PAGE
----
In the summer of 2017, Marco Noris walked three hundred kilometres of the France–Spain border, from El Pas de la Casa to Portbou, travelling along many of the paths and border crossings that were the backdrop for Spanish Republican exile during the Civil War. He did so having never before made such a trek, carrying about fourteen kilos divided between two backpacks and accompanied by an expert mountain guide, Amaranta Amati. During some parts of the route, which lasted twenty-five days, some of Noris’ friends and family members joined him on occasion: they brought him water and other provisions, walked alongside him and even put him up for the night. Even so, Noris and Amati walked alone most of the time, until the twentieth day of the trek, when the guide ended his accompaniment and the artist continued on alone.
Noris did not undertake this journey merely as an athletic pursuit or a hiking activity. The trek was in itself an artistic project with walking and painting at its structural core since the artist looked for the border stones marking the path during his long excursion, and he stopped in front of each one to paint it – or to paint the landscape surrounding it or some element of the environment that he found interesting. We can say, then, that On the Border draws from two major artistic traditions: the pleinairism that arose in the 19th century and the set of practices that find a form of inquiry and aesthetic production in the action of walking, in particular with Situationism but also beforehand with Dadaism.
However, we can also say that Noris’ project does not fit easily into either of these traditions. On one hand, many practices that have the act of walking as a central element, especially the tradition of the situationist dérive, are developed in the urban environment and its peripheries and often integrate chance into their development. Noris’ trek, by contrast, mainly took place on the mountain – although he did also cross through some municipalities and semi-urban environments – and it was an action that the artist had previously prepared in detail: he thoroughly studied the entire route, identifying camping and resting points and implementing a complex supply logistics for the whole journey. On the other hand, while in plein air painting the practise of going outside to work is undertaken according to the needs of the work process and for the benefit of the future work, in Noris’ project the execution of the work and the artistic criteria were instead largely dependent on the functionality imposed by the logistics of the journey (although it was a priority to record each of the border stones through painting). An example of this is the small, strong, lightweight and transportable case the artist designed for drying the paintings once they were finished; as is the decision he made shortly after starting the route to draw or paint many of the border stones using markers so as to go more quickly and keep the artistic action from altering the project’s general schedule.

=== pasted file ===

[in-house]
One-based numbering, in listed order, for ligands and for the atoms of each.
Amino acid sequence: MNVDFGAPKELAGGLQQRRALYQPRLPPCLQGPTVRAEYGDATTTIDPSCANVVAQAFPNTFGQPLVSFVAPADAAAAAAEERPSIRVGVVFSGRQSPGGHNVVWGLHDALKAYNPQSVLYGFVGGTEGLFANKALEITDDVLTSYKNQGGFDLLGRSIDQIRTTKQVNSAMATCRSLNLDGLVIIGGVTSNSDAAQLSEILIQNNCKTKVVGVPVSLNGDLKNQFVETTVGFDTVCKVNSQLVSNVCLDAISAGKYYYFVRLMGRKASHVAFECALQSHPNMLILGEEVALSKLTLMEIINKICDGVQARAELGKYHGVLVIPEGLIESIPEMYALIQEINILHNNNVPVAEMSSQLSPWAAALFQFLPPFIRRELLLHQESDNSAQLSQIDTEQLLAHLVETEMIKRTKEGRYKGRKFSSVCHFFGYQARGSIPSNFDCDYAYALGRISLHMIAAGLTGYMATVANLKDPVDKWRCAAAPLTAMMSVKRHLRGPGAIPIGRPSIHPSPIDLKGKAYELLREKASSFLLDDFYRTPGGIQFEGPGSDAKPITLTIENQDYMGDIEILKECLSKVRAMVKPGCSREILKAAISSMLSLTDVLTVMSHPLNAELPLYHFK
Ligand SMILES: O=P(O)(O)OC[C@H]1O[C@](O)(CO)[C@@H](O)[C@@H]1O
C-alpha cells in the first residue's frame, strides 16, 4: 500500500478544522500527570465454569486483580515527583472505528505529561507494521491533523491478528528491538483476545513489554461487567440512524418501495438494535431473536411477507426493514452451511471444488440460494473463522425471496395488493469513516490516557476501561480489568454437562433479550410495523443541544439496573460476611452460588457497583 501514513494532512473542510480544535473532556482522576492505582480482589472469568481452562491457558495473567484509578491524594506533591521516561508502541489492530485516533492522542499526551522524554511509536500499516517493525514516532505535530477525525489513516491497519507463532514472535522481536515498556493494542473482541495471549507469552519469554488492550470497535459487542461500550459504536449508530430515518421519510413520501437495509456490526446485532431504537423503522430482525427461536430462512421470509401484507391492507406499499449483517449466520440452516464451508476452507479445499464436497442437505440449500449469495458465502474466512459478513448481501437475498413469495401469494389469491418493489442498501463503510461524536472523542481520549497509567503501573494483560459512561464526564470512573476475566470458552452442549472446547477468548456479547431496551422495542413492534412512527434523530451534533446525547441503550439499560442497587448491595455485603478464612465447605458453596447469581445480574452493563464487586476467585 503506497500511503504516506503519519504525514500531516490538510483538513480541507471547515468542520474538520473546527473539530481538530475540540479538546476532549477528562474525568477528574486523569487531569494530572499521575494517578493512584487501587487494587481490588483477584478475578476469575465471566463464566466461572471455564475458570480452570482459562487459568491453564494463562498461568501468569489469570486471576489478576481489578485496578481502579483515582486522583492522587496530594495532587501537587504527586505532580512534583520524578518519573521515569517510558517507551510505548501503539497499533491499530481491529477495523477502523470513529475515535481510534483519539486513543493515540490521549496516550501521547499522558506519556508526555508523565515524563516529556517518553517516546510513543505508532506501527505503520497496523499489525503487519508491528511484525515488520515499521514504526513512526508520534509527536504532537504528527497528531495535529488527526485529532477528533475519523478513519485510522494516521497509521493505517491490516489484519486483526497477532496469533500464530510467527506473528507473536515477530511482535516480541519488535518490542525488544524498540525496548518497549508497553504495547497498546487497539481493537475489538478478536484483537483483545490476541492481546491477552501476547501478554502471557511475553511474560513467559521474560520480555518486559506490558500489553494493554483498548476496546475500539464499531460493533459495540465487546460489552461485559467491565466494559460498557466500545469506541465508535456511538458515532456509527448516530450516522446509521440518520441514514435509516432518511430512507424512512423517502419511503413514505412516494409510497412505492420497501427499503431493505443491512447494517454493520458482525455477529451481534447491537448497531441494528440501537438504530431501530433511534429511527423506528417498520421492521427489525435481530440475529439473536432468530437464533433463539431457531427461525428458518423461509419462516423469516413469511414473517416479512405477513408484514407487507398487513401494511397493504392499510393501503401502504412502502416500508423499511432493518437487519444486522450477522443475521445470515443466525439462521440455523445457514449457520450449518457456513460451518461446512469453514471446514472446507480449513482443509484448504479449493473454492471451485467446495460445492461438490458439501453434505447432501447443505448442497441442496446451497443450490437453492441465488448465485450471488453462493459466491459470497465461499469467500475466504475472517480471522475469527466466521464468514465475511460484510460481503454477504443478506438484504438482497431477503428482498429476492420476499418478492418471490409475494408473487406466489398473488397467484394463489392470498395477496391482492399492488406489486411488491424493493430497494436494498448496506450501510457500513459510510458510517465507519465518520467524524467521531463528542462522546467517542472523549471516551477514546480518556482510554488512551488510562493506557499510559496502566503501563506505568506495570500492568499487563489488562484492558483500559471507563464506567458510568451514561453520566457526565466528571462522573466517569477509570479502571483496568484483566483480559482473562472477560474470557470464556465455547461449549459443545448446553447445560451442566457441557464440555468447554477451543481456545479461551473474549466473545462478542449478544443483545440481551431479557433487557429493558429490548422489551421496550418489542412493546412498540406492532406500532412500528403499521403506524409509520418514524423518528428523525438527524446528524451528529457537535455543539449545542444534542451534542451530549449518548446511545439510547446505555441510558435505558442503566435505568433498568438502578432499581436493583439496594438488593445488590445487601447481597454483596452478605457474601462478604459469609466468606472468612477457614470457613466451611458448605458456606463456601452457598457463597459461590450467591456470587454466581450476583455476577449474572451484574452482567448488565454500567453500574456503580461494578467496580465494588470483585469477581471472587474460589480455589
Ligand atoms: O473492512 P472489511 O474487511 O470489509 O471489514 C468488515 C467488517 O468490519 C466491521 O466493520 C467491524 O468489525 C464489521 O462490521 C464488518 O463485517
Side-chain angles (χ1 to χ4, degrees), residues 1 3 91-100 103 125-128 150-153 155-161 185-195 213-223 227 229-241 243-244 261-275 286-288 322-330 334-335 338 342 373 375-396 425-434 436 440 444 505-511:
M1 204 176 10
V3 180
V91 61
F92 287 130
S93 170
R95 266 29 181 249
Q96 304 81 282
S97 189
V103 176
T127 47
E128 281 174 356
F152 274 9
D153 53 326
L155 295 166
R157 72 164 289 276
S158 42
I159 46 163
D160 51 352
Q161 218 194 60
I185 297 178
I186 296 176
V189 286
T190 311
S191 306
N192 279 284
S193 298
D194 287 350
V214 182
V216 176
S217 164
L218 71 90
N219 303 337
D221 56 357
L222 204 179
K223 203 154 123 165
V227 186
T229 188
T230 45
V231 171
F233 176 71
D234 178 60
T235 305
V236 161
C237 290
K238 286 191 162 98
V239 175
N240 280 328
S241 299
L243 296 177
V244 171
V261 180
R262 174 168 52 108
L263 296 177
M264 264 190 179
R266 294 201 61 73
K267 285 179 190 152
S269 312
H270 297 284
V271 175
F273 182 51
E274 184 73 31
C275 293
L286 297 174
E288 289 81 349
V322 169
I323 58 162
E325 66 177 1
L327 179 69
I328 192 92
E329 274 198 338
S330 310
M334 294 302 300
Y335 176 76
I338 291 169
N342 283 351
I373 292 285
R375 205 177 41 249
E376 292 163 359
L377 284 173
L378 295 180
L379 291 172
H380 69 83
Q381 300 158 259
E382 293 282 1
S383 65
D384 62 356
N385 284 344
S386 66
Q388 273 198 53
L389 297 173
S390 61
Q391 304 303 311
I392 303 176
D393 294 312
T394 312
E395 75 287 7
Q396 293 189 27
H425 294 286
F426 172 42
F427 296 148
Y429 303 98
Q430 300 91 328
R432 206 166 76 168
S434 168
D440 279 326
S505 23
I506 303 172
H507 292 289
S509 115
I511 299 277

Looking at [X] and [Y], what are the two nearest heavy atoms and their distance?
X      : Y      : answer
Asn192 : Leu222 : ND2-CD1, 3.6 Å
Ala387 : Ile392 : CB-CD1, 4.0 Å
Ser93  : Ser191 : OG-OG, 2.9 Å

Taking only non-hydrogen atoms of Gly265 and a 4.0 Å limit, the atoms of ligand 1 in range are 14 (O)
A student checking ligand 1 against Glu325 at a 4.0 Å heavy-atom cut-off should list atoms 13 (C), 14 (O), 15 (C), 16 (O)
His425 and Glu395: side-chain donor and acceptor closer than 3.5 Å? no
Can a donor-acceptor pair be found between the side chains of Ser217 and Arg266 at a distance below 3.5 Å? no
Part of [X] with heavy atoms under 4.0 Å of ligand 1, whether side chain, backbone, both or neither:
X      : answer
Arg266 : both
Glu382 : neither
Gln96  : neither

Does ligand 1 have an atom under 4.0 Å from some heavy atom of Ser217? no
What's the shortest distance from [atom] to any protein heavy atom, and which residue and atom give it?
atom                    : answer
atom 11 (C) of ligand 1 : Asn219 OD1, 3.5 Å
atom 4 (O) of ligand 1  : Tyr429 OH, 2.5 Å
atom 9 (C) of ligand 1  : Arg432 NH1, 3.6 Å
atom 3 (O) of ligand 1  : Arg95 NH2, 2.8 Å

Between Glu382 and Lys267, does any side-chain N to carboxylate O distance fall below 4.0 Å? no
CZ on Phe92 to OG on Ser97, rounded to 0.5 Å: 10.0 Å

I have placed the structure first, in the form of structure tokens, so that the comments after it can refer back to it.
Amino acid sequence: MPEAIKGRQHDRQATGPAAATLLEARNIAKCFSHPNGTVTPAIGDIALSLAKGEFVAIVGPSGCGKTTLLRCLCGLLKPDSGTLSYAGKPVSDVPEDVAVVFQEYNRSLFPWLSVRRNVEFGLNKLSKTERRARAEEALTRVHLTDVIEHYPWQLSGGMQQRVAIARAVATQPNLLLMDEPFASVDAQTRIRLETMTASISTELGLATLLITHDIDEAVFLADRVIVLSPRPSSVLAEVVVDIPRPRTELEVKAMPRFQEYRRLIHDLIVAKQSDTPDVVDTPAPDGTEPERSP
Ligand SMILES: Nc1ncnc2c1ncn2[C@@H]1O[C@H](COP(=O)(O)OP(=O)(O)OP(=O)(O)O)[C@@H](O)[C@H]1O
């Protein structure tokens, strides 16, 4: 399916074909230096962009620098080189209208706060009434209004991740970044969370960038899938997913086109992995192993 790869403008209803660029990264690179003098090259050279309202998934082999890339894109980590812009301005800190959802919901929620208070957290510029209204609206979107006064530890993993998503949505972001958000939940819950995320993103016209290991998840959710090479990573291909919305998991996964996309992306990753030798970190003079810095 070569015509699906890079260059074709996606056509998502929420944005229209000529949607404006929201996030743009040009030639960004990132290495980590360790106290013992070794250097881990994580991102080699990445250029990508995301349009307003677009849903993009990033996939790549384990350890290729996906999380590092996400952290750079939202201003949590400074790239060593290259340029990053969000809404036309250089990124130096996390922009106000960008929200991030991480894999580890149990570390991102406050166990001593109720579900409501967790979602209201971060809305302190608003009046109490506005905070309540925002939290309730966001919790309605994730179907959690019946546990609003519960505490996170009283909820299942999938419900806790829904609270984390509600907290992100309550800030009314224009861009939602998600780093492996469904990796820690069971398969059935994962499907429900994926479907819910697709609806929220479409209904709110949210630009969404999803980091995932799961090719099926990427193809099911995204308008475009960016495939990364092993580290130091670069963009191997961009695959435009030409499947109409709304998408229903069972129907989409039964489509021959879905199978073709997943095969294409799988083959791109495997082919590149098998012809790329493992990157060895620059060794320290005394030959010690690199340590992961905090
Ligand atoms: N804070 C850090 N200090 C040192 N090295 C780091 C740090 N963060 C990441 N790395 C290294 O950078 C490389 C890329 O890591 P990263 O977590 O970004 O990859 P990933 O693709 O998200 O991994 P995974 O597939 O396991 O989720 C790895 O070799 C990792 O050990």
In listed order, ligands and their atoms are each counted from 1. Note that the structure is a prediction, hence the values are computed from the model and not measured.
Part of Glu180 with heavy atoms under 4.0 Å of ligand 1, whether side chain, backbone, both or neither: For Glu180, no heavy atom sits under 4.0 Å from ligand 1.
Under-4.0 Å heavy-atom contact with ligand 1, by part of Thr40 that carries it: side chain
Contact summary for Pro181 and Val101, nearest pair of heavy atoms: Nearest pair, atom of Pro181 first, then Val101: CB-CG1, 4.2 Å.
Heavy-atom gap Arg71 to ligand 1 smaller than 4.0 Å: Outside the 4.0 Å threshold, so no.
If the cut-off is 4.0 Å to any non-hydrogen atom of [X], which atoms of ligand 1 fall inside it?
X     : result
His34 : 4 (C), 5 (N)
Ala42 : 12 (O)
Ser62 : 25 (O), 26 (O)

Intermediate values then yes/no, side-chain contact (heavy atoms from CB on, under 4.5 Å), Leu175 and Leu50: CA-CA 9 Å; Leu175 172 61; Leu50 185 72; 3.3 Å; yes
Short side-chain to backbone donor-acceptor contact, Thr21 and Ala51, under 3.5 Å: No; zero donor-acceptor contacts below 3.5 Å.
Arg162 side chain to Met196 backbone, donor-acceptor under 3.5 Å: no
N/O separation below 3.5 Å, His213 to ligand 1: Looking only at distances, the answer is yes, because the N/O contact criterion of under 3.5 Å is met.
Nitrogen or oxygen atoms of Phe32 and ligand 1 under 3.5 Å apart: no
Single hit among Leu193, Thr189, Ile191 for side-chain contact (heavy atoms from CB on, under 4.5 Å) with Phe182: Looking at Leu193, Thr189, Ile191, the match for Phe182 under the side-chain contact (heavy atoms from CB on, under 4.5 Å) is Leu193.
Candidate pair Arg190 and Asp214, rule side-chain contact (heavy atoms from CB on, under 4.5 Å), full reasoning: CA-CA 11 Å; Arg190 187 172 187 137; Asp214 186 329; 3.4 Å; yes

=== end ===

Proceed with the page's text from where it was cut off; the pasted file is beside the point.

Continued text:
Although Noris’ project might appear to be an act of recording, of taking inventory, it is distantly removed from the cold and rational nature of these activities. The artist knew of the existence of exhaustive photographic records of all of the border stones along the border, and he in fact made use of them occasionally for preparing and planning the trek. His motivation, then, did not respond to the need to give visibility to unnoticed elements but instead to the desire to understand these functional markers through a lived experience, making a depiction which incorporated his gesture and his time, his way of being there at that specific moment, far from the instantaneous and mechanical recording of a camera. Each of the paintings and drawings of border stones in On the Border contains the conditions of the trek, the experience of travelling a path on foot, in a more or less veiled way. One of the main senses of Noris’ project, therefore, is the appropriation and resignification of impersonal geopolitical markers through experience.
Over the stretch of the trek that I travelled with the artist on a particularly cold and rainy day, Noris told me that on a specific part of the route where the path intermittently crossed the border, every time he entered French territory he received the message the Spanish Ministry of Foreign Affairs sends to citizens when they arrive in a foreign country on his cell phone. It was these messages that made him realize he had switched countries and not any distinctive element or significant change in the path. In the territory, on either side of this border, there were the same kind of cows, rocks, scrub and trees, wholly indifferent to a political distinction that is imperceptible and indistinguishable on the ground. Another sense of On the Border lies, then, in the self-evident truth that any political fragmentation of the land is conventional, that mountains, seas and valleys constitute a continuum, divided only by laws. In a Europe turning its borders into increasingly insurmountable and exclusive boundaries, Noris’ project highlights the arbitrary nature of these barriers. His nomadic life over the course of a month can be interpreted as an action of conquering this “smooth space” free of obstacles defined by Deleuze and Guattari1, as opposed to the “striated space” of the state.
Eduardo Martínez de Pisón says that complete understanding of the mountain requires immersing oneself in it, travelling its paths, ascending it, and that only artists who have done so can give a deep and consistent artistic response to the mountain2. On the Border is Marco Noris’ search for this absolute understanding of the territory. And it is also his response.
Alexandra Laudo (2018)